Just as organisations have recognised that, while each industry has its own set of quality standards, tangible improvements can only be achieved by applying those standards specifically to each business, a similar approach must be adopted for compliance.
Indeed, there are clear benefits to be attained from transparent business processes that deliver visibility to an organisation and highlight areas of risk. And technology has a key role to play in simplifying and supporting those processes. But there is no off the shelf solution to compliance.
Organisations have to take internal control over the key factors influencing their compliance requirements. Once those processes have been defined it is then simple to use existing technology, including even the Microsoft Office suite, to automate the collection of cross-organisational information to support the management of compliance.
Replacing the manual collection of information from the business with streamlined processes that automatically email existing information to key personnel for updating at regular intervals, simplifies the provision of up to date information for business managers. This information is then automatically repopulated into the database and analysed for changes that may impact key compliance or business continuity thresholds.
For ease of use, this information is then presented via a management console, using traffic lights to demonstrate the level of compliance across different business areas, thus enabling the organisation to establish risk and prioritise potential reparatory plans.
These compliance thresholds must, of course, be defined by each organisation in line with policies, procedures and appetite for risk. By automating the process of information collation and analysis, organisations now have a simple and effective way of monitoring the effectiveness of existing processes, such as updating and communicating information on new disciplinary procedures, and assessing the impact of business change on these compliance processes.
Indeed, by automating organisations are also significantly reducing the business risk associated with out of date information. Typically, collecting and collating the key data that can support both compliance and business continuity strategies, takes several months. By the time it has been analysed to understand the implications for business risk there is a potential, six, nine or 12 month lag.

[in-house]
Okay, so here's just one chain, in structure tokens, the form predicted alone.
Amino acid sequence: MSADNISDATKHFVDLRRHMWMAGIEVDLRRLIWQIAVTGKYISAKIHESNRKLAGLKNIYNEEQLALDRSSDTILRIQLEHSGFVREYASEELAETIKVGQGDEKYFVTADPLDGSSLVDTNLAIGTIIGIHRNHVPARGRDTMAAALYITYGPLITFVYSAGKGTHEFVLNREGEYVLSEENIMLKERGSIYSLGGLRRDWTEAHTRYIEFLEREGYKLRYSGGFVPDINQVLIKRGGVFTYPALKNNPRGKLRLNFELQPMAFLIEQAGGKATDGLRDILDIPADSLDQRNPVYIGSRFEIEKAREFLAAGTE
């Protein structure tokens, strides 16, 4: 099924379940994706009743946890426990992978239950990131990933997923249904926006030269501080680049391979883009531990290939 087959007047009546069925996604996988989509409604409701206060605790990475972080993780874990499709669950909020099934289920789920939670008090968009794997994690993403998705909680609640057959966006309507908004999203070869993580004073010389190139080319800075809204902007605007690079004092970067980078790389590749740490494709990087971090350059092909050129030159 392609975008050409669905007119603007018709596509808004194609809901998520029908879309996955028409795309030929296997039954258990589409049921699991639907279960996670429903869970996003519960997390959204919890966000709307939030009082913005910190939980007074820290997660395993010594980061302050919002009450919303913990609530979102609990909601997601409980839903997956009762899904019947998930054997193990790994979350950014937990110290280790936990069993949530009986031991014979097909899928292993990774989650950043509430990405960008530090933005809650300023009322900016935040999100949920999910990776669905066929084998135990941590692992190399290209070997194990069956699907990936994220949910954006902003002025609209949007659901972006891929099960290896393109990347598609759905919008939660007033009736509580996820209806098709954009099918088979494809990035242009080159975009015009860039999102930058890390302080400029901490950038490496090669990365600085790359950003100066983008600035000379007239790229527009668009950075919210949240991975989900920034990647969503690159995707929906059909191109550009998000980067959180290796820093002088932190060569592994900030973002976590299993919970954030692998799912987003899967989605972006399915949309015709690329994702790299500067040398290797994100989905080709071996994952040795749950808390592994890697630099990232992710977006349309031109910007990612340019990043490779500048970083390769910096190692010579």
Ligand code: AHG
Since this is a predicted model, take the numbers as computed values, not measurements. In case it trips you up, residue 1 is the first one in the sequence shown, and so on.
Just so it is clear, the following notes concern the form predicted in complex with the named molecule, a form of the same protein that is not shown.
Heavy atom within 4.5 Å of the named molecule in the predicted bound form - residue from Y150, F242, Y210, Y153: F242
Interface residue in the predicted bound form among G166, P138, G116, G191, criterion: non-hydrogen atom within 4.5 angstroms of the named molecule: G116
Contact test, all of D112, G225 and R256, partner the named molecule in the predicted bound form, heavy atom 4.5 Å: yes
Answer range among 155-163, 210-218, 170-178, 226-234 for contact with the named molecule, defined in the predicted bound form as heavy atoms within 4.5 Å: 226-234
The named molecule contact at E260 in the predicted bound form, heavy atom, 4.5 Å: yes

Given the constant level of business change and evolving compliance requirements, this time delay creates significant business risk. Furthermore it undermines an organisations ability to confidently proclaim its level of compliance to financial markets and shareholders. Taking an automated approach this process is significantly streamlined, providing monthly, if required, status visibility across the entire organisation.
Key to this approach is the simplicity of the technology deployed. Compliance is a major business concern today, hence the circling of the IT vultures. Technology obviously has an important role to play in supporting organisations in their compliance activities. But it is a supporting, not a starring role a fact that organisations worldwide will do well to remember.
Tim Considine joined First Option in 1991 as a consultant and became the Managing Director in 2000. His background is in banking and management consultancy, rather than IT. However, it was whilst working in banking that he developed an interest in IT and started to develop his own IT systems for arbitrage and credit analysis.